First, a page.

There have been cases where ISP students changed their academic path and went into art and science, although that number is small. One of these was a Life Sciences bioengineering student, Laura Elidedt Rodríguez, who went on to pursue a field called bioart, working as both a biologist and an artist in St Petersburg.
“I find teaching science and engineering students in many cases more interesting. The reason is simple: they have two things that art students don’t have. The first is that they usually don’t have background art knowledge, which could be helpful in that they can create new things without being affected by what has already been done. Science and engineering students also have a different way of thinking and quite often they have more abstract ways of looking at things.”
“The Italian artist, Maurizio Cattelan, caused a bit of controversy after he selling the famous banana tape painting for $120,000 after exhibiting it at the Art Basel in Miami. Most of my students asked why it had sold for that price. I explained that when you look at this work, you should not look at one piece; you have to look at all of the artist’s works from the past and view it in sequence. Putting work into context helps students understand the logic behind it; this in turn helps them when they creating their own projects and applying their own logic to them.”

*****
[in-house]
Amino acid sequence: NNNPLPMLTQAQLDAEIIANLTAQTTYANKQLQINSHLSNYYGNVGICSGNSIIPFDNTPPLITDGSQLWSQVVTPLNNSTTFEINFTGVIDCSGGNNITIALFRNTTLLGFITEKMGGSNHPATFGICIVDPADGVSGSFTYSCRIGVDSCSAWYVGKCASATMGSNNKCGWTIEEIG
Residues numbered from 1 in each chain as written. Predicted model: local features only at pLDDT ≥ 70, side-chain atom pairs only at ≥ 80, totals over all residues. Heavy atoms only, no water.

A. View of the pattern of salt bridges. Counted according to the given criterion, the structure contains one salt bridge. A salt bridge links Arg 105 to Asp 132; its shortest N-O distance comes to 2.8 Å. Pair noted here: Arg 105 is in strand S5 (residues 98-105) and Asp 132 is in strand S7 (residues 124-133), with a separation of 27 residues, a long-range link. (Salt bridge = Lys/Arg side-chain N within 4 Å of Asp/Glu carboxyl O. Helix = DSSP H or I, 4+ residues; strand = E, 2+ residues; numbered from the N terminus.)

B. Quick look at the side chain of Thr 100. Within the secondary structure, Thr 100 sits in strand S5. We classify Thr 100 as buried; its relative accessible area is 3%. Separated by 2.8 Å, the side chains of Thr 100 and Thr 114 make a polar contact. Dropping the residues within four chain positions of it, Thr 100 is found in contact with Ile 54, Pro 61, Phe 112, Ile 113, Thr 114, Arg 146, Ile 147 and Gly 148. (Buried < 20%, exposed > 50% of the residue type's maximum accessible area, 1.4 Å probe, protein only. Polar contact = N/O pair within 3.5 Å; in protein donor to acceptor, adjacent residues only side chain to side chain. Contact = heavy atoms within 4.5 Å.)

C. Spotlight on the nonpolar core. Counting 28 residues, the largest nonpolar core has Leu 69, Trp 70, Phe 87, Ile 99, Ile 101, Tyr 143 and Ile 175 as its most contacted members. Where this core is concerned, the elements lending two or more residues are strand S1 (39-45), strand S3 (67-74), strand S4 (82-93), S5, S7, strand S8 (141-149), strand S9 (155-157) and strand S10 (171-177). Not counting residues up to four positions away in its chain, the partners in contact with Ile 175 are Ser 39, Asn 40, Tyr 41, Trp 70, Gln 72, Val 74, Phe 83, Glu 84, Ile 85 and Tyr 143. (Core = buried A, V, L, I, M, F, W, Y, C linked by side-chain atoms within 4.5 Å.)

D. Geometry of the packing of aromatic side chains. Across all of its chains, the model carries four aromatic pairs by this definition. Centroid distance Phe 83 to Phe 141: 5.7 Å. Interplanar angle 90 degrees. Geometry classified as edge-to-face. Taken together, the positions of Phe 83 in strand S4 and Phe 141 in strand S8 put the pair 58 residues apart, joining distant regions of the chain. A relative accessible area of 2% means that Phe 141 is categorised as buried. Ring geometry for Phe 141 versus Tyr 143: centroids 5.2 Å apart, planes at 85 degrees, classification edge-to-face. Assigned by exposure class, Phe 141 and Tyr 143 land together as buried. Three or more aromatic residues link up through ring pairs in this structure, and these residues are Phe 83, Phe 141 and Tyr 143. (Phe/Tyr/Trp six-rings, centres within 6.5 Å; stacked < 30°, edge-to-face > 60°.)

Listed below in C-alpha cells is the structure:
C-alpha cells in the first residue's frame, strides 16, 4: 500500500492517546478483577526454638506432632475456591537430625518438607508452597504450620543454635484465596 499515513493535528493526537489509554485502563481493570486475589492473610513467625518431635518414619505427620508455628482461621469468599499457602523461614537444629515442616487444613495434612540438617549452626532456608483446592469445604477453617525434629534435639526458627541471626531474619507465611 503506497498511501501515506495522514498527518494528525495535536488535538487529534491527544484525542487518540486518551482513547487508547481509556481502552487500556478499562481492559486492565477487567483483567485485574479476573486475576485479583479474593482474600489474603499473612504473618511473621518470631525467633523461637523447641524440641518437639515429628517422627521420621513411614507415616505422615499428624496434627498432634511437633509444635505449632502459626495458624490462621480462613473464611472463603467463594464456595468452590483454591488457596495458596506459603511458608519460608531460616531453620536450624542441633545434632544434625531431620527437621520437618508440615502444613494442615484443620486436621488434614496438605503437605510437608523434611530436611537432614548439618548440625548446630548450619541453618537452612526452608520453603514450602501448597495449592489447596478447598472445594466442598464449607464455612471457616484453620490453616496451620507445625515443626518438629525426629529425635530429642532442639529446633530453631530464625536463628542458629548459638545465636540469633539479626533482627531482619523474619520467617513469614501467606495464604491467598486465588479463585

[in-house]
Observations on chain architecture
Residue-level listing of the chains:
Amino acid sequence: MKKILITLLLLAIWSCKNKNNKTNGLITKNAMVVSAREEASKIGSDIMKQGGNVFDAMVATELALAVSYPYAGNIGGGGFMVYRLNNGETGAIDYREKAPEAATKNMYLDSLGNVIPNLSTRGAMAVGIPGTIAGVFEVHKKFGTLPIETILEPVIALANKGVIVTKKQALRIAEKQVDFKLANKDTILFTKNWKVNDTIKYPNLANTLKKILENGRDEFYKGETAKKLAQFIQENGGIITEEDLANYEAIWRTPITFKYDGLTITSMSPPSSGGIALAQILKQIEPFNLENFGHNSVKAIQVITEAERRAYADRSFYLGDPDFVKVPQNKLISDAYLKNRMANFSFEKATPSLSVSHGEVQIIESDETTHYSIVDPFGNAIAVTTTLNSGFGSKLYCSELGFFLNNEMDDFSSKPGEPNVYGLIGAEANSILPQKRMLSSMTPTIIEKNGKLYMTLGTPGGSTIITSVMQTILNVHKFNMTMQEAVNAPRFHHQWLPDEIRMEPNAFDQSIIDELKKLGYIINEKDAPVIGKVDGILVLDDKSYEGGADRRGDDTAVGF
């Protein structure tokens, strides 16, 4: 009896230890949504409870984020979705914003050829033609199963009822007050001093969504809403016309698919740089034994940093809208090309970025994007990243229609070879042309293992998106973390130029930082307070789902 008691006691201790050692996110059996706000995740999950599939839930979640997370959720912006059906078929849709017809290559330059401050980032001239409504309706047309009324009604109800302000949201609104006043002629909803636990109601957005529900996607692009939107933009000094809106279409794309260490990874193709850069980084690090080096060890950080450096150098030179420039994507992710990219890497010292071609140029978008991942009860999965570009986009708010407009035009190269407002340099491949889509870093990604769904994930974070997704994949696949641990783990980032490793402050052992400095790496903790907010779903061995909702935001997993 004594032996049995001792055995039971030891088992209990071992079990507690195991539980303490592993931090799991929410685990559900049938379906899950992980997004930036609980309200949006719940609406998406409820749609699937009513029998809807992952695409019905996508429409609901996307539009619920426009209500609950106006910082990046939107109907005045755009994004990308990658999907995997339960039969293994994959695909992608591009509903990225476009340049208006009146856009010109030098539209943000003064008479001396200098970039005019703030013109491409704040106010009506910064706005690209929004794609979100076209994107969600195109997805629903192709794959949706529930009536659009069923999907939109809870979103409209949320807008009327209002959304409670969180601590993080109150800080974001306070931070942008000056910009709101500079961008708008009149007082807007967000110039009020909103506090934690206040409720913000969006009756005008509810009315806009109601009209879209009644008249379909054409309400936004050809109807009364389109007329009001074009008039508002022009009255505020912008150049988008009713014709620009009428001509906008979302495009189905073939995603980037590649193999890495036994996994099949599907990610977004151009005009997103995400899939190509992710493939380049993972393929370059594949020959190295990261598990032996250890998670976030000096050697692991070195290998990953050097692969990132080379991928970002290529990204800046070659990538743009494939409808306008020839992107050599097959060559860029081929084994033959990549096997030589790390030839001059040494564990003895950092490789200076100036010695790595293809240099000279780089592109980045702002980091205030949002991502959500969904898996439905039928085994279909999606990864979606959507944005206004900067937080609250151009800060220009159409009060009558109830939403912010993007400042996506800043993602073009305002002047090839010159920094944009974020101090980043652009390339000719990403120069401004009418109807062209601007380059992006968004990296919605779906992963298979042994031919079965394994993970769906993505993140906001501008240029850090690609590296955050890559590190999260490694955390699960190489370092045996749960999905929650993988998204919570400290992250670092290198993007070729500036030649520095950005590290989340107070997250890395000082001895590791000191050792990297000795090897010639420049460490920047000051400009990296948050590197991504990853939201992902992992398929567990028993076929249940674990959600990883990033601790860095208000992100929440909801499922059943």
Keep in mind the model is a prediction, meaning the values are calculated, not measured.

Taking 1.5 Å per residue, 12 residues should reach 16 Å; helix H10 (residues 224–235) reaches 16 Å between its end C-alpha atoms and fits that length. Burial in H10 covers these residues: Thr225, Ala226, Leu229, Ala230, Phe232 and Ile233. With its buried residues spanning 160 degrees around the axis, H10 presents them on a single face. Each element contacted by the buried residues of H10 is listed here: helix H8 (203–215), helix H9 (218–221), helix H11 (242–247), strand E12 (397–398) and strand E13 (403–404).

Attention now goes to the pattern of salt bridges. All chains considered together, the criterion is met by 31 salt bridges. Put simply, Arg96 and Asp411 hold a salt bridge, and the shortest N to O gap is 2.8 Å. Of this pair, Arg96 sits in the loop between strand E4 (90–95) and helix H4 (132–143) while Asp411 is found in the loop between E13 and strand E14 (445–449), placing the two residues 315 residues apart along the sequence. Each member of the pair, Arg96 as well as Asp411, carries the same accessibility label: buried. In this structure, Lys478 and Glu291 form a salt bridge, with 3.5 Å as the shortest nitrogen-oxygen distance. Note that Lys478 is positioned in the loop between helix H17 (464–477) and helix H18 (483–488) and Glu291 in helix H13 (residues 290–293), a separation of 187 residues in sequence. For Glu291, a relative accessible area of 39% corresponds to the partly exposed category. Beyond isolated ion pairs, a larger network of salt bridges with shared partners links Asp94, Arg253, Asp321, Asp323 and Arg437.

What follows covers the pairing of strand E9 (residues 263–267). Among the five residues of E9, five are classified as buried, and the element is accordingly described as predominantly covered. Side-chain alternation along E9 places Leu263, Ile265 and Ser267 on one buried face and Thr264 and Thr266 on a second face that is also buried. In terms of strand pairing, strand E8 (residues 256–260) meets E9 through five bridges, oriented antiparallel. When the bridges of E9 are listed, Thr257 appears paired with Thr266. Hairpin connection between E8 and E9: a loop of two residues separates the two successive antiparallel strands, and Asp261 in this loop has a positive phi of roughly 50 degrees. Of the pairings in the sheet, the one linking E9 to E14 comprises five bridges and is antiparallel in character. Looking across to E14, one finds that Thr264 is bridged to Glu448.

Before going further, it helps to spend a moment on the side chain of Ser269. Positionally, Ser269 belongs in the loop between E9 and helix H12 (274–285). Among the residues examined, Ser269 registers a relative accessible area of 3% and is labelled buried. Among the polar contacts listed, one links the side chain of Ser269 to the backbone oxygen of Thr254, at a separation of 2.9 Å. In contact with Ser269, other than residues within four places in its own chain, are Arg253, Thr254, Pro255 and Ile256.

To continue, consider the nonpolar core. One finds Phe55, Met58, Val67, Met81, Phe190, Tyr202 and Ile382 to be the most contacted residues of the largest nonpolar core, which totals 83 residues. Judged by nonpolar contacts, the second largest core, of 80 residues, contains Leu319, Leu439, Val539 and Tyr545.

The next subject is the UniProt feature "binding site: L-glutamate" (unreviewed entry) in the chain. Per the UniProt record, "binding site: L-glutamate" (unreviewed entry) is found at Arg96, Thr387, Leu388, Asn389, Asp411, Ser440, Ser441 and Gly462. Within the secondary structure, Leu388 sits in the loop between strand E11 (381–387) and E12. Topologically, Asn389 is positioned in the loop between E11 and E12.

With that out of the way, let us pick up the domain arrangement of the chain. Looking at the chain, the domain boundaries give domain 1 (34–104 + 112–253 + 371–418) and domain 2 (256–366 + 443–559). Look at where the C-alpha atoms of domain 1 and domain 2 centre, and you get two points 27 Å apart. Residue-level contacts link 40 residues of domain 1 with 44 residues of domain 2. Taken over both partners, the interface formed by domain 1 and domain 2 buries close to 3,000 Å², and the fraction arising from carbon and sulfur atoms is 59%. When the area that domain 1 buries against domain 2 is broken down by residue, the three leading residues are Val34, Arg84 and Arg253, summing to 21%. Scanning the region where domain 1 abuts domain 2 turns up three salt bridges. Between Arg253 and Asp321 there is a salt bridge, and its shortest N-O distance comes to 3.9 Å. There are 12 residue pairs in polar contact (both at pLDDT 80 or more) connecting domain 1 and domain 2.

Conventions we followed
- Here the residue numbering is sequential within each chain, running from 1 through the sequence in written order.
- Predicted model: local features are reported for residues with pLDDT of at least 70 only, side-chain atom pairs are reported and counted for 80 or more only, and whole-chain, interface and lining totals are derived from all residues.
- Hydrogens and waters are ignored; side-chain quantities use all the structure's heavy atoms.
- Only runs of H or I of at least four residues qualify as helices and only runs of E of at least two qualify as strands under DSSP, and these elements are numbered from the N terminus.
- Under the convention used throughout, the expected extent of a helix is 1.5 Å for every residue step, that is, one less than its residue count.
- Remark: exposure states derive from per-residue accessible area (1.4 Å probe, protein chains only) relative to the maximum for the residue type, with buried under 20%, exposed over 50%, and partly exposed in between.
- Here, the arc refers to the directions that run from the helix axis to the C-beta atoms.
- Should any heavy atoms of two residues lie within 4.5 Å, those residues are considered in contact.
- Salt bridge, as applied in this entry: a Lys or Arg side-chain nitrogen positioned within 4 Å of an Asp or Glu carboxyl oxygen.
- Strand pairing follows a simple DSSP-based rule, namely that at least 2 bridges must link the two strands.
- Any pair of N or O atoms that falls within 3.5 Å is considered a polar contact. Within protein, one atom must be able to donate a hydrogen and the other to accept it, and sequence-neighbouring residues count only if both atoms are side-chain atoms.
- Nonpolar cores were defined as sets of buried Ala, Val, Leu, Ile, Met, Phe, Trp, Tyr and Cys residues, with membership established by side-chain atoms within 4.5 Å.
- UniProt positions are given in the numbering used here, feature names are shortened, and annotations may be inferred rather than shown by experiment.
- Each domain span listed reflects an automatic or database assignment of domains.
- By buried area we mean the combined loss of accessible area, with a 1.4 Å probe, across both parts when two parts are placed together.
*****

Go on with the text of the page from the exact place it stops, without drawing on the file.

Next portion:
For their final course project, students made presentations in the form of a manifesto that relates to the course. The exercise focuses on semantics and the ability to effectively communicate challenging ideas and concepts. This isn’t as easy as it sounds, as the theme has to be both provocative and difficult to defend. Students presented manifestos on topics ranging from art in the 22nd century to the ethical questions surrounding human genome editing and other experiments on the human body.
“It was pleasing to see the variety of ideas and approaches students took this year,” said Stass.
Science in Contemporary Art makes up the bedrock of courses that have been part of ISP since the beginning, and Stass Shpanin’s passion for the subject only inspires further curiosity from the listener. In the past, he taught a full course where students studied the most current science & art projects, When Art Meets Science, creating their own investigations and projects. May his hard work with Skoltech students continue into the future!